You’ll hook into other species on a regular basis, too. Trevally, yellowfin bream, flounder, tailor and salmon are all regularly landed while focusing on lizards.


Get wet

Sometimes wading is your only option. There are some systems on the NSW south coast – mainly very small inlets and lakes – that are virtually only fishable on foot.

Sure, you could possibly drag a kayak or canoe into some of these areas, or perhaps launch a tiny tinny, if you have a four-wheel-drive and sense of adventure, but they’re mostly accessible via old fashioned leg power.

Walking into these estuaries and then wading the margins can produce mind-blowing fishing. It’s because they’re lightly-fished – you mostly have the entire systems to yourself.

The aforementioned techniques – surface luring the shallows and flicking plastics over the drop-offs – will yield all manner of species.

The most notable characteristics of lightly-fished estuaries are the spread of species you’ll encounter and the sheer numbers of fish.

I walk and wade a number of isolated inlets, mainly in the far south of the state, an area blessed with secluded systems. A couple of wading sessions spring to mind where I’ve beached a dozen flatties to 75cm in a tick over an hour.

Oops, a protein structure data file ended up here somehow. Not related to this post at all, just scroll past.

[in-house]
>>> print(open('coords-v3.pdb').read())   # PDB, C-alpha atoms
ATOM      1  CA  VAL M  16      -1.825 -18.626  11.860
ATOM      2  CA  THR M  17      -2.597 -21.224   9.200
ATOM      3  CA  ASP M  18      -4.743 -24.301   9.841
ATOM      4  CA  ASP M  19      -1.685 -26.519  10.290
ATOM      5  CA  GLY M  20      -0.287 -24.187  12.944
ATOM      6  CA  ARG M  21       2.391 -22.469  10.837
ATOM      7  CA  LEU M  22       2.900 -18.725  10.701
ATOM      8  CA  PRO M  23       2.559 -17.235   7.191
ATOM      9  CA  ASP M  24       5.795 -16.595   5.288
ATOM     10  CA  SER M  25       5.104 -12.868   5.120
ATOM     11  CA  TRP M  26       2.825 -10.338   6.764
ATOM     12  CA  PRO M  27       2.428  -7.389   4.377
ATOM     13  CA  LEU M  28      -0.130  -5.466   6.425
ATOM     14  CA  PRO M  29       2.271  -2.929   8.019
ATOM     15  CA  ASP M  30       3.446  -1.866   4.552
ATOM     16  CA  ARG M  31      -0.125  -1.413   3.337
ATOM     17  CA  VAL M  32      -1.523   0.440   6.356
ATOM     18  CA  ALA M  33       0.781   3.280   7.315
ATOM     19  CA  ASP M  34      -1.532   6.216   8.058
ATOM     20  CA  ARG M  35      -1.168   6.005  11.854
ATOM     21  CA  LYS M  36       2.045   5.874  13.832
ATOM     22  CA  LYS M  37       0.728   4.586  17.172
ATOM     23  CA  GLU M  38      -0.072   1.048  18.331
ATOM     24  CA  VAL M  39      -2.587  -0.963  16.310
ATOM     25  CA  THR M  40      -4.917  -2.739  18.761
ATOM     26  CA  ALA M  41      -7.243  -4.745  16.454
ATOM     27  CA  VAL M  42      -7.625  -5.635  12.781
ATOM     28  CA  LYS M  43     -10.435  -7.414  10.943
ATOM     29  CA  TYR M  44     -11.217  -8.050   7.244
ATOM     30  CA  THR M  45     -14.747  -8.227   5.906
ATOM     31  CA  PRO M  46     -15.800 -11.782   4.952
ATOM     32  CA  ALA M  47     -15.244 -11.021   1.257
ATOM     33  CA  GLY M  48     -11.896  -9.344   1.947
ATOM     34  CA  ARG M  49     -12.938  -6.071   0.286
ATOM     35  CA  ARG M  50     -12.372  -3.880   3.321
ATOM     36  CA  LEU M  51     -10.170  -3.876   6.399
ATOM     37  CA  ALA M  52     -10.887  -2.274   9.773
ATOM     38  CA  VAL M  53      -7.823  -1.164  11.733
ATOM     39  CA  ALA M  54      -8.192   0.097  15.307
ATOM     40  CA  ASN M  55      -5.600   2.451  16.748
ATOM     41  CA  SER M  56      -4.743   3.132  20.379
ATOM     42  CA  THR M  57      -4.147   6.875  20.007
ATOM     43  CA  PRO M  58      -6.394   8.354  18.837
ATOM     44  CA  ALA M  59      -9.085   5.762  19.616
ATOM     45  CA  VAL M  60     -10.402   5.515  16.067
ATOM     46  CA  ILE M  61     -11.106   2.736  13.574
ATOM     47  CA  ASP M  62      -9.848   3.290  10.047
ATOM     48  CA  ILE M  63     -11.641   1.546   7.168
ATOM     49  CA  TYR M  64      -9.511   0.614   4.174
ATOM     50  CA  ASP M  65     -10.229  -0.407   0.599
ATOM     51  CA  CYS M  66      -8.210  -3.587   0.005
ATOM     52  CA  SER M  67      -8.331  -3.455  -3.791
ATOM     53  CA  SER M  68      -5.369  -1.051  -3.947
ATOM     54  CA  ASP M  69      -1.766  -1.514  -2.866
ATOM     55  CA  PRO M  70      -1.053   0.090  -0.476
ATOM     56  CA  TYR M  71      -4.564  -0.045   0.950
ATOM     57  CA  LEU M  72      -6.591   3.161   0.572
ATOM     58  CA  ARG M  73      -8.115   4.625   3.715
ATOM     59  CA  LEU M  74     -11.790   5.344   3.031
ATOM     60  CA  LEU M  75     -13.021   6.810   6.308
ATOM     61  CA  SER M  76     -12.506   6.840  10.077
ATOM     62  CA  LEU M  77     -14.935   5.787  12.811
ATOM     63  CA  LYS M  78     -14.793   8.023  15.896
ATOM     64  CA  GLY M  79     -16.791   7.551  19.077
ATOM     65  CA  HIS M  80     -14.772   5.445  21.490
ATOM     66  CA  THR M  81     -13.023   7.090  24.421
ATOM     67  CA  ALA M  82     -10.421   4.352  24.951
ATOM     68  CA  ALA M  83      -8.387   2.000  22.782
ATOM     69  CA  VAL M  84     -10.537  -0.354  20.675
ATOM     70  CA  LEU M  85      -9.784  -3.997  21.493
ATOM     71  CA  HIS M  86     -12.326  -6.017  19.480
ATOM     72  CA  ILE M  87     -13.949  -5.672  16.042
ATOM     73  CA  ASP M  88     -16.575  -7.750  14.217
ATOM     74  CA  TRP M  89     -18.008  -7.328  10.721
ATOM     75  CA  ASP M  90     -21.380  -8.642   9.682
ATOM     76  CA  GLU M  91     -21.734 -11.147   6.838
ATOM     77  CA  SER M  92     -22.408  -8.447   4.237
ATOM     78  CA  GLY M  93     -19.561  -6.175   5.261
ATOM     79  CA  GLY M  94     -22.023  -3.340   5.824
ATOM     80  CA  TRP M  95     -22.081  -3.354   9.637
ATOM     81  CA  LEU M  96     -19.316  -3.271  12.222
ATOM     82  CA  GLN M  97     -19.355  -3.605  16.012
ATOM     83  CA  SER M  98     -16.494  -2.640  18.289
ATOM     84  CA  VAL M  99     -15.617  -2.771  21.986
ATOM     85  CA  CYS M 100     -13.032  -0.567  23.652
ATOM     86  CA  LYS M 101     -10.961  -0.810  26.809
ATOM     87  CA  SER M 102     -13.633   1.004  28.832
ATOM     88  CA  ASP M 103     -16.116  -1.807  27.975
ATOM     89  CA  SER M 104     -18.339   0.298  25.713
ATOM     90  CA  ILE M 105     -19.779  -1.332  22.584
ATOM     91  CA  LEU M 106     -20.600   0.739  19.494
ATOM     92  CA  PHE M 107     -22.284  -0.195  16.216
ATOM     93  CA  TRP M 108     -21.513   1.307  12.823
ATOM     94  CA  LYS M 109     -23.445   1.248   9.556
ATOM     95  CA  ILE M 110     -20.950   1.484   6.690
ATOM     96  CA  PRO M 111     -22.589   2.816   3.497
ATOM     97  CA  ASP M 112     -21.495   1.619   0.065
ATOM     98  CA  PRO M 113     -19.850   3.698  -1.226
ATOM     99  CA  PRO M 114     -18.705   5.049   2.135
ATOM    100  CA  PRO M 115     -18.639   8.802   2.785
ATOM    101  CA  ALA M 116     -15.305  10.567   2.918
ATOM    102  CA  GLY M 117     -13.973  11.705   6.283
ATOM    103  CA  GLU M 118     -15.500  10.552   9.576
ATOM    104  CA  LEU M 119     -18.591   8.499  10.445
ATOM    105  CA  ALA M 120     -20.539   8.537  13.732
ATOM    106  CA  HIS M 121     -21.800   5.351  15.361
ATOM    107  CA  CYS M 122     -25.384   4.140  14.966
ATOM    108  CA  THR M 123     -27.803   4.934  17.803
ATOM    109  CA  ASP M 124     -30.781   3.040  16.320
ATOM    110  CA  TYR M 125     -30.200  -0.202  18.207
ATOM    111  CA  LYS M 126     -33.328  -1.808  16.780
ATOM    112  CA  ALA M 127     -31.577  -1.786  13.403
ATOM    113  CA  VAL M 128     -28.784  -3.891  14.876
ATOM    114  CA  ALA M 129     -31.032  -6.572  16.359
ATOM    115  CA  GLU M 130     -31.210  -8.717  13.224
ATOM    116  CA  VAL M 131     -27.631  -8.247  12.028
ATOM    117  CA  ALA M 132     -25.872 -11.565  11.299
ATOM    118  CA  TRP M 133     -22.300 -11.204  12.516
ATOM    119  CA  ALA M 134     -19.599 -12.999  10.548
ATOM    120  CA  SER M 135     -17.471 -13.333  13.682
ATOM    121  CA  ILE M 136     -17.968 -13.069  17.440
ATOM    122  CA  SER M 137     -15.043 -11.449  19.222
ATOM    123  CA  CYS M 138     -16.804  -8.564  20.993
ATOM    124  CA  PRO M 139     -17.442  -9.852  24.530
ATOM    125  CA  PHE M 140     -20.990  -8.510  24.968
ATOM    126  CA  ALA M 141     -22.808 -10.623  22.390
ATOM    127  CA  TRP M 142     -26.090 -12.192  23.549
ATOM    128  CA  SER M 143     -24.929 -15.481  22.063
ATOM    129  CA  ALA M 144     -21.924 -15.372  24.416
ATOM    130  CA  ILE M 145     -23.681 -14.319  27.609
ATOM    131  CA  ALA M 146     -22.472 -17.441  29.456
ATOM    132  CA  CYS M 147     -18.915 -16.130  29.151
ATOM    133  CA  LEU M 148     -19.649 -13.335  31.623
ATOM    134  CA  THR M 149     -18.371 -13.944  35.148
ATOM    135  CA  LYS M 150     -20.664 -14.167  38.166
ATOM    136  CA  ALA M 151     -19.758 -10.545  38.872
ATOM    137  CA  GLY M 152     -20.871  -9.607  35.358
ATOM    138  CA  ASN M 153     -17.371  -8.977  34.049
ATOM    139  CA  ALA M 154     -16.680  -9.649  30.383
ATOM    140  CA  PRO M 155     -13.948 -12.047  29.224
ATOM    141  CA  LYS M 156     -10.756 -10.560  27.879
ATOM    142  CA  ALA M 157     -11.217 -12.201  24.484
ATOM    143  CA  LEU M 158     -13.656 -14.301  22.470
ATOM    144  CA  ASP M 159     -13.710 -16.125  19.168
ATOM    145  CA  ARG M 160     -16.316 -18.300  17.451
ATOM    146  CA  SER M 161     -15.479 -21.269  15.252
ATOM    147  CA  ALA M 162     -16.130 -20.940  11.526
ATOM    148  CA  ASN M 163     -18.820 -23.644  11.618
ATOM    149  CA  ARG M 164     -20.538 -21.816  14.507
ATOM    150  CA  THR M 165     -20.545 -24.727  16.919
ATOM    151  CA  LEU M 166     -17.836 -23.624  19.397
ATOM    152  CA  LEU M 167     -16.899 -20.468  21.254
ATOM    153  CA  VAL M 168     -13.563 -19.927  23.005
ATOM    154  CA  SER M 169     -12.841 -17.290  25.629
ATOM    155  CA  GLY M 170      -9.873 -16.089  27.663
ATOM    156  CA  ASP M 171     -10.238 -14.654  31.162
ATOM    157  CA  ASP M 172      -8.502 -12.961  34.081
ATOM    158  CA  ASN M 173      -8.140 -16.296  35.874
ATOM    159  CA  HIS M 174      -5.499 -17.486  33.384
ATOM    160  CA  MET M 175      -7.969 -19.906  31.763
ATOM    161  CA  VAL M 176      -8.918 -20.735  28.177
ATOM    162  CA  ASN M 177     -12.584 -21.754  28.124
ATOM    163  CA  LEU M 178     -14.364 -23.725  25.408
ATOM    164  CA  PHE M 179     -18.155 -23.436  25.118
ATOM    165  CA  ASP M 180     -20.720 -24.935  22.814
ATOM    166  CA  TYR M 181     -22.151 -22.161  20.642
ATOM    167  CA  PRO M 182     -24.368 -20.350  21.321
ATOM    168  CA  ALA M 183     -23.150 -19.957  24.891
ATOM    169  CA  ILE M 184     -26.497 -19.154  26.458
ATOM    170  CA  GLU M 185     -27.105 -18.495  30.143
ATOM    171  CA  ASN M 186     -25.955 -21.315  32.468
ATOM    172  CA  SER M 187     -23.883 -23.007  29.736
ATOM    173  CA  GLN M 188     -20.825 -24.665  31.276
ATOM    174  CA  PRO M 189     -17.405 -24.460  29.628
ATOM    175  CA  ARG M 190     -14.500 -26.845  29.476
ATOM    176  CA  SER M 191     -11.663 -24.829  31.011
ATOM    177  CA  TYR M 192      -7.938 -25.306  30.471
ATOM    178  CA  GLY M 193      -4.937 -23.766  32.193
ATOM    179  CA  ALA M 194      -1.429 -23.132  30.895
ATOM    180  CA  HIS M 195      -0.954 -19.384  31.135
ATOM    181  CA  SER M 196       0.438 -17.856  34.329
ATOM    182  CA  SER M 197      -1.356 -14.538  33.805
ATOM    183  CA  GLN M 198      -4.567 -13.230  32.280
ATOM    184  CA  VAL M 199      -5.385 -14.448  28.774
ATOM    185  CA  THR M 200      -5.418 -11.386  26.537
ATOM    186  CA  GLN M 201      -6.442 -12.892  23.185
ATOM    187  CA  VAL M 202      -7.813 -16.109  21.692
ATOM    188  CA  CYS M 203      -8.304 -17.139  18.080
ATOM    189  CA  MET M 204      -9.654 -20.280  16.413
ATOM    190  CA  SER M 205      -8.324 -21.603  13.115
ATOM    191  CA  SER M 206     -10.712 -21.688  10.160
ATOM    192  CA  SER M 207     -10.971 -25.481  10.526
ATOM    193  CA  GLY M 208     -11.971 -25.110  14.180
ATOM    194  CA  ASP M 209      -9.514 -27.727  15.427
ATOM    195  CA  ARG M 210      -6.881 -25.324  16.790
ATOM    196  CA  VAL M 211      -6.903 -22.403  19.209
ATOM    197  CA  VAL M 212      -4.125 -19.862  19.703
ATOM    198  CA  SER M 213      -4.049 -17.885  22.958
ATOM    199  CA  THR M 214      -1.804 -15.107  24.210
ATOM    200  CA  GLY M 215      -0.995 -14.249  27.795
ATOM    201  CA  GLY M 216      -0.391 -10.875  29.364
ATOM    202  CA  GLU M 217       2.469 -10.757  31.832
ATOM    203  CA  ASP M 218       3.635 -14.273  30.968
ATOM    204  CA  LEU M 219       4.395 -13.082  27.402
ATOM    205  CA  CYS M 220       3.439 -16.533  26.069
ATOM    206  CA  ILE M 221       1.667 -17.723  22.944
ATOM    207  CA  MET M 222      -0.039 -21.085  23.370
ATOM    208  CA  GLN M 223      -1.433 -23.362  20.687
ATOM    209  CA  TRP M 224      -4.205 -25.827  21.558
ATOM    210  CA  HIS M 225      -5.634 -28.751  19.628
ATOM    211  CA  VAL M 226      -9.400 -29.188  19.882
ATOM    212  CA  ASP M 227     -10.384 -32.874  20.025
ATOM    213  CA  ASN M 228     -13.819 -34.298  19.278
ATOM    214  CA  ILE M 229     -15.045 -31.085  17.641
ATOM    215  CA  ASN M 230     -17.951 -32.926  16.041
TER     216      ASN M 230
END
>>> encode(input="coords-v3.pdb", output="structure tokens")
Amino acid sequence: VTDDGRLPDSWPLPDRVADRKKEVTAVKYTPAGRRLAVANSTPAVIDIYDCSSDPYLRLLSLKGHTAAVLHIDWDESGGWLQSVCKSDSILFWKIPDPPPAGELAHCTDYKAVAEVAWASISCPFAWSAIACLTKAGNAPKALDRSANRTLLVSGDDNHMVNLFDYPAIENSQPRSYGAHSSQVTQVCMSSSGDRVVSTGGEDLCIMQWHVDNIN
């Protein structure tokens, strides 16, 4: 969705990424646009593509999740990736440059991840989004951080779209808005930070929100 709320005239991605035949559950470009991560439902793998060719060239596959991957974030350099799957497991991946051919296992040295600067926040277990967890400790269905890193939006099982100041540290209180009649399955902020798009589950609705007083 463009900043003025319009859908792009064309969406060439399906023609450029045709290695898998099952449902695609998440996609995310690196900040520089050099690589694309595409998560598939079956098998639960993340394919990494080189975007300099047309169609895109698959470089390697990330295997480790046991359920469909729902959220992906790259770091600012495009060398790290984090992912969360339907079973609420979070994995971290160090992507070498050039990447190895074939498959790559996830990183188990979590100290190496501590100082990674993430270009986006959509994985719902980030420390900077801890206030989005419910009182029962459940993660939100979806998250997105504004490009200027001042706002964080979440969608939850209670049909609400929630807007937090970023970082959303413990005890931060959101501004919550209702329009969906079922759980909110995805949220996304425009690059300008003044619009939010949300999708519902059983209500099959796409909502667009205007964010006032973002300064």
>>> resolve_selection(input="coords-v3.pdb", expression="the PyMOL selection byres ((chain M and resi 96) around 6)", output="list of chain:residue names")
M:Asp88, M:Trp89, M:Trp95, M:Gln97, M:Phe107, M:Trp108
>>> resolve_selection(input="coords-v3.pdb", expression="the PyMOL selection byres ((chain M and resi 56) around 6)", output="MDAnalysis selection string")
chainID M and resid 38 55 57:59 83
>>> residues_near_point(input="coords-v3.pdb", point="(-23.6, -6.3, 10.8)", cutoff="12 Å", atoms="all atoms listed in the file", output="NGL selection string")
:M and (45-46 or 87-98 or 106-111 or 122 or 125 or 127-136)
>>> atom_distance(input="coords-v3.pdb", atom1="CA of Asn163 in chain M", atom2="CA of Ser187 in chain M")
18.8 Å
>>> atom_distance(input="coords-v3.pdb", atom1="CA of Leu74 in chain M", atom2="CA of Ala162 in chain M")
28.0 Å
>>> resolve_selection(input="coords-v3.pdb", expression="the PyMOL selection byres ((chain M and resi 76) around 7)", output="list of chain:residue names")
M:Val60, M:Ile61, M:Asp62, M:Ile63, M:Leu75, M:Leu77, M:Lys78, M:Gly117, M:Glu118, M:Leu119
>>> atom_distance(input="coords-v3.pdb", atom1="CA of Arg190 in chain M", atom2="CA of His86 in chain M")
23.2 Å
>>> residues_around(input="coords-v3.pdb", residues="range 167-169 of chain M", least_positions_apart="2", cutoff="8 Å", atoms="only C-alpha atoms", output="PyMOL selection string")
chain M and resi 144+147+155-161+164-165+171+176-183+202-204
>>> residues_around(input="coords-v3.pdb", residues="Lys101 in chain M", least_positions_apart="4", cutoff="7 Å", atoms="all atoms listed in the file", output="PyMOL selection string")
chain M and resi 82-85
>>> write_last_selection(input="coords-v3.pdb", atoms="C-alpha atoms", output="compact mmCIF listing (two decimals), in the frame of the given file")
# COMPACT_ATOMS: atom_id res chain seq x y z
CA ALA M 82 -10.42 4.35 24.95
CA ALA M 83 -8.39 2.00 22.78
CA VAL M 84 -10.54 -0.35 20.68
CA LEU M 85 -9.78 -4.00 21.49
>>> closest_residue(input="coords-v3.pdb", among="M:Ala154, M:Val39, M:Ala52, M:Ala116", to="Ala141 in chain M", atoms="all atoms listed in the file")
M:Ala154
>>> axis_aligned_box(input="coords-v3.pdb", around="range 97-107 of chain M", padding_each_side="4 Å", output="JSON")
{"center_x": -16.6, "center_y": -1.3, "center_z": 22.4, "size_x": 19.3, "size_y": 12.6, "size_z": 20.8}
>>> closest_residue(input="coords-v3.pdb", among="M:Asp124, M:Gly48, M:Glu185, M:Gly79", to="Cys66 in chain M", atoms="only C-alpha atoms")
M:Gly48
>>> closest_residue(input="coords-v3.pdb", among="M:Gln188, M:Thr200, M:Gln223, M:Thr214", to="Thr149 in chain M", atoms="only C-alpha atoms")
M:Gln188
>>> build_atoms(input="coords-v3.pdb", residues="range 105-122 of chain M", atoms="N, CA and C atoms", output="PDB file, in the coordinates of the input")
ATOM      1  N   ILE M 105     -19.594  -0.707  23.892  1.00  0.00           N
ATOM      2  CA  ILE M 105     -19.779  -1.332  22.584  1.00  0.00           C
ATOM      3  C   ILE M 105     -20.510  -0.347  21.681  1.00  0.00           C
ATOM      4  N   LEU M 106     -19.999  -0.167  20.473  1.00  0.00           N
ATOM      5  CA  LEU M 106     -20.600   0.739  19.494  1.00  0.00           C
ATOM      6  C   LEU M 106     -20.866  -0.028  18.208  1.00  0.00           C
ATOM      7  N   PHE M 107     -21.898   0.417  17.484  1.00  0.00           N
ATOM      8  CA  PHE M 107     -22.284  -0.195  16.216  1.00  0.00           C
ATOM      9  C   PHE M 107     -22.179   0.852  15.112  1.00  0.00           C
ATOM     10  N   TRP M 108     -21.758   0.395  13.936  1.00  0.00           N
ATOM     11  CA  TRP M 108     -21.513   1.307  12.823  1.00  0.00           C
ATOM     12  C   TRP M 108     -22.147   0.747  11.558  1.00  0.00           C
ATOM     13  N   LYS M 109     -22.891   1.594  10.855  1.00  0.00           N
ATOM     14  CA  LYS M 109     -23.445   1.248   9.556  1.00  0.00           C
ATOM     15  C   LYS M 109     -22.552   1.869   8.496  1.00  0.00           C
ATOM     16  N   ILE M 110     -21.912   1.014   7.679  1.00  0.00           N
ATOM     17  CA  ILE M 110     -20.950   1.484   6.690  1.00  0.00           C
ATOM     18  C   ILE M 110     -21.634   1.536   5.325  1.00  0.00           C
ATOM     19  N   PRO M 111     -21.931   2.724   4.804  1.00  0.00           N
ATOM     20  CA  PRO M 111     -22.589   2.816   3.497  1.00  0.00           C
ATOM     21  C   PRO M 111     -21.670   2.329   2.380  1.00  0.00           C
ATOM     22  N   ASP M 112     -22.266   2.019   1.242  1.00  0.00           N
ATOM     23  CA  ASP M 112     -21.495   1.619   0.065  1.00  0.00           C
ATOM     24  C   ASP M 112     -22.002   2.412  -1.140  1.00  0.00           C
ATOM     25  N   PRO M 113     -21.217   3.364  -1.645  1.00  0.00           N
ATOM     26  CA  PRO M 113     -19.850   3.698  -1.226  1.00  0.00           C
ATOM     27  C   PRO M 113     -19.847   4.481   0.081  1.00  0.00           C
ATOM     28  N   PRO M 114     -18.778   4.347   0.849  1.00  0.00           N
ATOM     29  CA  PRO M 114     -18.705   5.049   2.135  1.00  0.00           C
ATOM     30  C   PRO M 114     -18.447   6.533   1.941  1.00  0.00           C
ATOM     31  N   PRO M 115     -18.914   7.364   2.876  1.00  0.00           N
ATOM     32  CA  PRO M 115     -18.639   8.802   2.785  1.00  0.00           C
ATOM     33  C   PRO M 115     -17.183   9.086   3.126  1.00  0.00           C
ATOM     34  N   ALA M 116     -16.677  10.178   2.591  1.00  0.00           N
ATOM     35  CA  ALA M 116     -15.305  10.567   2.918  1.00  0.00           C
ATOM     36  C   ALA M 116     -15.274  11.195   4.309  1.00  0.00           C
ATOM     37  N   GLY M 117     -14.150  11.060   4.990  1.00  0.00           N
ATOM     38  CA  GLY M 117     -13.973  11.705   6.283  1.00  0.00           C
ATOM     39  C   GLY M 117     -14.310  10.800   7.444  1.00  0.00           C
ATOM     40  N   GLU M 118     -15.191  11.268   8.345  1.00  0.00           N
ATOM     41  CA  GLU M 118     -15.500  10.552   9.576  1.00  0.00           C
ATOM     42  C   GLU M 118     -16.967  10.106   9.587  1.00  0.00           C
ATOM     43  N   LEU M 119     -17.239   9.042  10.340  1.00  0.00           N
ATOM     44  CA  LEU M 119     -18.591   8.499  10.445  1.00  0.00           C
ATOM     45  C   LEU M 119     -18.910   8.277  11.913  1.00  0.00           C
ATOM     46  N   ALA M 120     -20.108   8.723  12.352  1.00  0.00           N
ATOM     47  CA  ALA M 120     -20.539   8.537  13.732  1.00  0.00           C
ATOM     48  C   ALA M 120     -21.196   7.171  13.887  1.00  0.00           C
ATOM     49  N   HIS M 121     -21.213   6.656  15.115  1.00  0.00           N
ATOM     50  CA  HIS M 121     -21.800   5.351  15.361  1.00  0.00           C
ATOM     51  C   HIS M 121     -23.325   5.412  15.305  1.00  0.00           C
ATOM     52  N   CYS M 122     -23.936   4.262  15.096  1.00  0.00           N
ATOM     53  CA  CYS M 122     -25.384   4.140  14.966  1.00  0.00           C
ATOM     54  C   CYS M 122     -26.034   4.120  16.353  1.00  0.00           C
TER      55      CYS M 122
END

I’ve also had trips where I’ve encountered seven or eight different species on lures in the one wading session. That’s memorable land-based fishing in anyone’s book.


Wading the estuaries has its dangers. The most obvious are stingrays, which can be prolific at times. The issue with rays is that they often don’t flee when they see you coming – they simply bury themselves in the sand. You don’t know they’re there until you’re literally on top of them. And you don’t want to be ‘on top’ of a ray of any size.

While I’ve had plenty of close encounters, I’ve never been unfortunate enough to feel the pointy end of a stingray barb. I know of anglers who have, and they describe the most intense and long lasting pain imaginable. Most stings require a hospital stay.

With that in mind, I recently invested in some fairly basic “aqua shoes” –basically snug-fitting waterproof booties with a rubber sole that offer a degree of protection against rays and other nasties. I find them comfortable to wear and they don’t inhibit my movements at all. Mind you, I still keep an eagle eye out for anything for any submerged hazards. Nothing beats being watchful and cautious when wading in any terrain.